Let me say I agree with that, but I would point out this mba was downtown before there was an heritage tree ordinance and that's the reason why it was not that much of a consideration in the original 2008 agreement.

>> Morrison: Yeah --

>> Mayor Leffingwell: But I have another item I would like to bring up as part of policy discussion.

As we go through analyzing the matrix criteria and find out what the peer city criteria are and we know who the players are and what the opposition is doing.

And I would also say that in the makeup of the committee, as mayor, I would -- I've focused a lot on these kind of issues and I would volunteer myself to be on the committee.

>> Martinez: I look forward to working with you on this committee.

As a closing point --

>> Mayor Leffingwell: That i really want to be on it, but -- I'm volunteering.

>> Martinez: Comes with the job.

The county is discussing their proposal today for a new policy.

And just in the brief conversation I had with the judge, sounds like they've had a good process in coming up with the new policy and I look forward to seeing the final outcome if that happens today and that could actually be a decent starting point for our conversation.

So as to not reinvent the wheel.

I appreciate the policy direction as to a peer city study.

But along with that, if we're going to do that, I think it would only be fair to also study in peer-to-peer cities, cost of living and what we pay our employees on the projects because that's certainly going to be a part of the conversation and one city may be doing a certain thing in terms of creating incentives to attract businesses and/or development and companies but their cost of living may be significantly different and not have things like a floor on wages or a prevailing wage scale.

So I want to keep it in full context, I look forward to the conversation, I think it's something that we'll improve what we're doing.

My intention is not to not seek -- not recruit companies and seek developments that are good for our city, but it is to create a better process, to get to that final outcome in the end.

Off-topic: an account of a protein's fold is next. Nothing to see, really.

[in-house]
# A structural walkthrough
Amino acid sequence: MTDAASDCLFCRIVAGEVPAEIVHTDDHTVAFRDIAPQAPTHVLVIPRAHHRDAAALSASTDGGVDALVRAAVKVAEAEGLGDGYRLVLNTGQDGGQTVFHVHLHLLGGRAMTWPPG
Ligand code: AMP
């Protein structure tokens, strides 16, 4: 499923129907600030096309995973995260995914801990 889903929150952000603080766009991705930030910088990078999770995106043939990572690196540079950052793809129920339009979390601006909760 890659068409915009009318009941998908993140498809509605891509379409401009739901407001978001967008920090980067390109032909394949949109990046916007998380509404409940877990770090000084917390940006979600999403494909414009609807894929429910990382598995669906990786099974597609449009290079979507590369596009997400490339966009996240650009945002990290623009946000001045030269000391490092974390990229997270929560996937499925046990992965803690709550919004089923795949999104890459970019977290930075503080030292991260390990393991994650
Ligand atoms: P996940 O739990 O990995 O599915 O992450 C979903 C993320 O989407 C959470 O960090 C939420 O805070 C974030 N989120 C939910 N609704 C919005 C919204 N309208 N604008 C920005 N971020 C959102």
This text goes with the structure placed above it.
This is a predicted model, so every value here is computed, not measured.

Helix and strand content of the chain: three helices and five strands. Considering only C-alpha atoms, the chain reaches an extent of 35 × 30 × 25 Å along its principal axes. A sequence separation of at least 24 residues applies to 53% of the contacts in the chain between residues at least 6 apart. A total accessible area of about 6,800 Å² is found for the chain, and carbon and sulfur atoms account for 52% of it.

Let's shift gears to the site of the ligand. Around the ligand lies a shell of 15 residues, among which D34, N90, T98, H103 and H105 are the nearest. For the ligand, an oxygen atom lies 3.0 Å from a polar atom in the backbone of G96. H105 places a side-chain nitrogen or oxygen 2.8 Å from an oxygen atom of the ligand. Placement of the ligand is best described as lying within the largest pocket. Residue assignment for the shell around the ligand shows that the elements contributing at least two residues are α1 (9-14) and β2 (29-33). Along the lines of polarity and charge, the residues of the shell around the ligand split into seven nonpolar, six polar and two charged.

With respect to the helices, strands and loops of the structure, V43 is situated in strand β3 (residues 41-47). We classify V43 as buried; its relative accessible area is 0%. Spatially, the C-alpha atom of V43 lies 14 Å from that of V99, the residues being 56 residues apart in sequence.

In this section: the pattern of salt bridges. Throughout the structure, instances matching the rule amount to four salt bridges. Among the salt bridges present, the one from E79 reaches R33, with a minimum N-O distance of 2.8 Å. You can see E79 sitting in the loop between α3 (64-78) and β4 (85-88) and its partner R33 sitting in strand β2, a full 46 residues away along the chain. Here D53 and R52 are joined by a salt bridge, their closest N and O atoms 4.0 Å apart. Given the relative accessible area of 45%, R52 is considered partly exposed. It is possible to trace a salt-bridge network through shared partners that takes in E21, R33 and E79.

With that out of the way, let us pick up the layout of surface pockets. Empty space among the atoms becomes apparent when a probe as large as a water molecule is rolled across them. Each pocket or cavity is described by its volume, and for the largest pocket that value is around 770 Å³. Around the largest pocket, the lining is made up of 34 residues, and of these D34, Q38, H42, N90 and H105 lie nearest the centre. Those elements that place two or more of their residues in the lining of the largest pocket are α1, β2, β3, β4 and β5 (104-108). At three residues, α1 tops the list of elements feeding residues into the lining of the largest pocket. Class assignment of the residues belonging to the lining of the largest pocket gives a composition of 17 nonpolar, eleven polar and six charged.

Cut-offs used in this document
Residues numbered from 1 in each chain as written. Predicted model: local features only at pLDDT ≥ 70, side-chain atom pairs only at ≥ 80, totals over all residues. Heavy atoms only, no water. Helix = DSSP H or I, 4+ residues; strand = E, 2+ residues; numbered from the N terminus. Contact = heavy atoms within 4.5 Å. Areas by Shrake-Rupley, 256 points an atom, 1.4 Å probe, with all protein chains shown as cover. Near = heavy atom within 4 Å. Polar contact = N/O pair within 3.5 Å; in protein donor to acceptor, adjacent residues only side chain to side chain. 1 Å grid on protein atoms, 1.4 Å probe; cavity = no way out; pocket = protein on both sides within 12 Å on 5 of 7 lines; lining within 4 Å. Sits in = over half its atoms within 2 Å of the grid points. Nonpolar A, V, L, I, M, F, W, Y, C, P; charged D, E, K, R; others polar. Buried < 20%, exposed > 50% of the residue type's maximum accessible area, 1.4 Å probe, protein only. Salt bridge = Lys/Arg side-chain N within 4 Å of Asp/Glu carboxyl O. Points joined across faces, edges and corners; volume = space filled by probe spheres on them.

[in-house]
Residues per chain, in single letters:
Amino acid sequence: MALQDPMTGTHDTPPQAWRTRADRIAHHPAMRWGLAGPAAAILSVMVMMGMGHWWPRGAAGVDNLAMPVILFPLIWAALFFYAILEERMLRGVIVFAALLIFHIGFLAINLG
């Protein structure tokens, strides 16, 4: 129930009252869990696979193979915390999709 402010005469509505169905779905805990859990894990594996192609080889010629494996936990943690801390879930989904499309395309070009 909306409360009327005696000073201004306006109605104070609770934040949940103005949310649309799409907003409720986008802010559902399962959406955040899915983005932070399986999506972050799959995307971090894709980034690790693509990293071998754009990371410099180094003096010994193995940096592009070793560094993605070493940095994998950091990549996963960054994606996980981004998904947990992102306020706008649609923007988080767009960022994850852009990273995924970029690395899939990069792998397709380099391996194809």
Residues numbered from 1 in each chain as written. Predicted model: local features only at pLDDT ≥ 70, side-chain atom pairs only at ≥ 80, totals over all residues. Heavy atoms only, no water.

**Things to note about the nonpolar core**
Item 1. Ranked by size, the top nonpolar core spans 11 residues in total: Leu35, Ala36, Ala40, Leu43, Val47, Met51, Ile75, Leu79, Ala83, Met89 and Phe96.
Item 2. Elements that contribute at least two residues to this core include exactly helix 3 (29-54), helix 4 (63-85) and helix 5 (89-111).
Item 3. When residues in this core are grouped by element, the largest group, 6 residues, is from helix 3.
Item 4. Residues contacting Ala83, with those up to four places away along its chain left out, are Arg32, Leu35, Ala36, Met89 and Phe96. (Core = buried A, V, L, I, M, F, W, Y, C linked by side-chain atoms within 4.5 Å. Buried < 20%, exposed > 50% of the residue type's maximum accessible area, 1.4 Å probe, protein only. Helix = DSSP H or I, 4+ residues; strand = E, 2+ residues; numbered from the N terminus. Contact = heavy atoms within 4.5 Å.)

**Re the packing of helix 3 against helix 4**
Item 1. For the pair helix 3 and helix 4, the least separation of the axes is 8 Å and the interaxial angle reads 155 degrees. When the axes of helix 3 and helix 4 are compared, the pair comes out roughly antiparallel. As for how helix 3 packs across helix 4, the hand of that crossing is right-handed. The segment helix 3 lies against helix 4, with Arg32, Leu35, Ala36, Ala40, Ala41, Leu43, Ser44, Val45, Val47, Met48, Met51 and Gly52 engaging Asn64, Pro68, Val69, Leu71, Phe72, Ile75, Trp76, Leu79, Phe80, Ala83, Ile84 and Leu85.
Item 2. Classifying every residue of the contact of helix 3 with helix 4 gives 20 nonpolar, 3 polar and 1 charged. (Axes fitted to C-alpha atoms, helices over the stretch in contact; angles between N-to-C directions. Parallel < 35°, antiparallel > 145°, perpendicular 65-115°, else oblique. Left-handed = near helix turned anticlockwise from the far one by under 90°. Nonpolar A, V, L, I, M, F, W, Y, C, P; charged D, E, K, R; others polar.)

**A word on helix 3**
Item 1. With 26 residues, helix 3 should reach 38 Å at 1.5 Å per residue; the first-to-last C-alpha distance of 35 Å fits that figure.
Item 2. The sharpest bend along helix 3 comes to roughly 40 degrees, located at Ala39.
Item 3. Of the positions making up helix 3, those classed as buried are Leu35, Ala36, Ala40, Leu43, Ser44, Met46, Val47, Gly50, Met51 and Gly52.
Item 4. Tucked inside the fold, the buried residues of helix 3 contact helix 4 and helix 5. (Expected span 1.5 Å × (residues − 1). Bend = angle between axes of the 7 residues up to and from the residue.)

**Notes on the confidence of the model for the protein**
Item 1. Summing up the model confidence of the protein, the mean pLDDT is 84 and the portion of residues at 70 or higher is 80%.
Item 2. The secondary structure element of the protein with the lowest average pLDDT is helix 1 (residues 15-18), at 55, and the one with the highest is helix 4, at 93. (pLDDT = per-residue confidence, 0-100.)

And I think we've all learned a lot over the last two weeks.

>> Mayor Leffingwell: And i agree with all of that.

I would say my objective is going to be to maintain a process that has useful guidelines but ultimately each case has to be considered separately.

And in the full city council has it make the decision.

I would not support a process that basically prevents -- because it doesn't meet a set of rigid criteria, these cases are not available for council consideration.

>> Martinez: Mayor.

>> Mayor Leffingwell: I mean we have a few --

>> Martinez: Don't we have that now?

>> Mayor Leffingwell: We have a few gateway provisions, few, but I would hate for us to lock ourselves up entirely.

I think there has to be flexibility.

You mentioned one example of the living wage criteria.

If that had been an entry provision, we would never have even considered as a council the economic agreement, that was something widely lobbied by by members of the community.

Hard to employ, a job market we're really trying to address.

That's the kind of thing I want to try to make sure we avoid.

>> Martinez: Yeah, I certainly appreciate that perspective and I understand where you're coming from.

But I do think we need to have a public conversation about whether or not we increase those rigid requirements or not.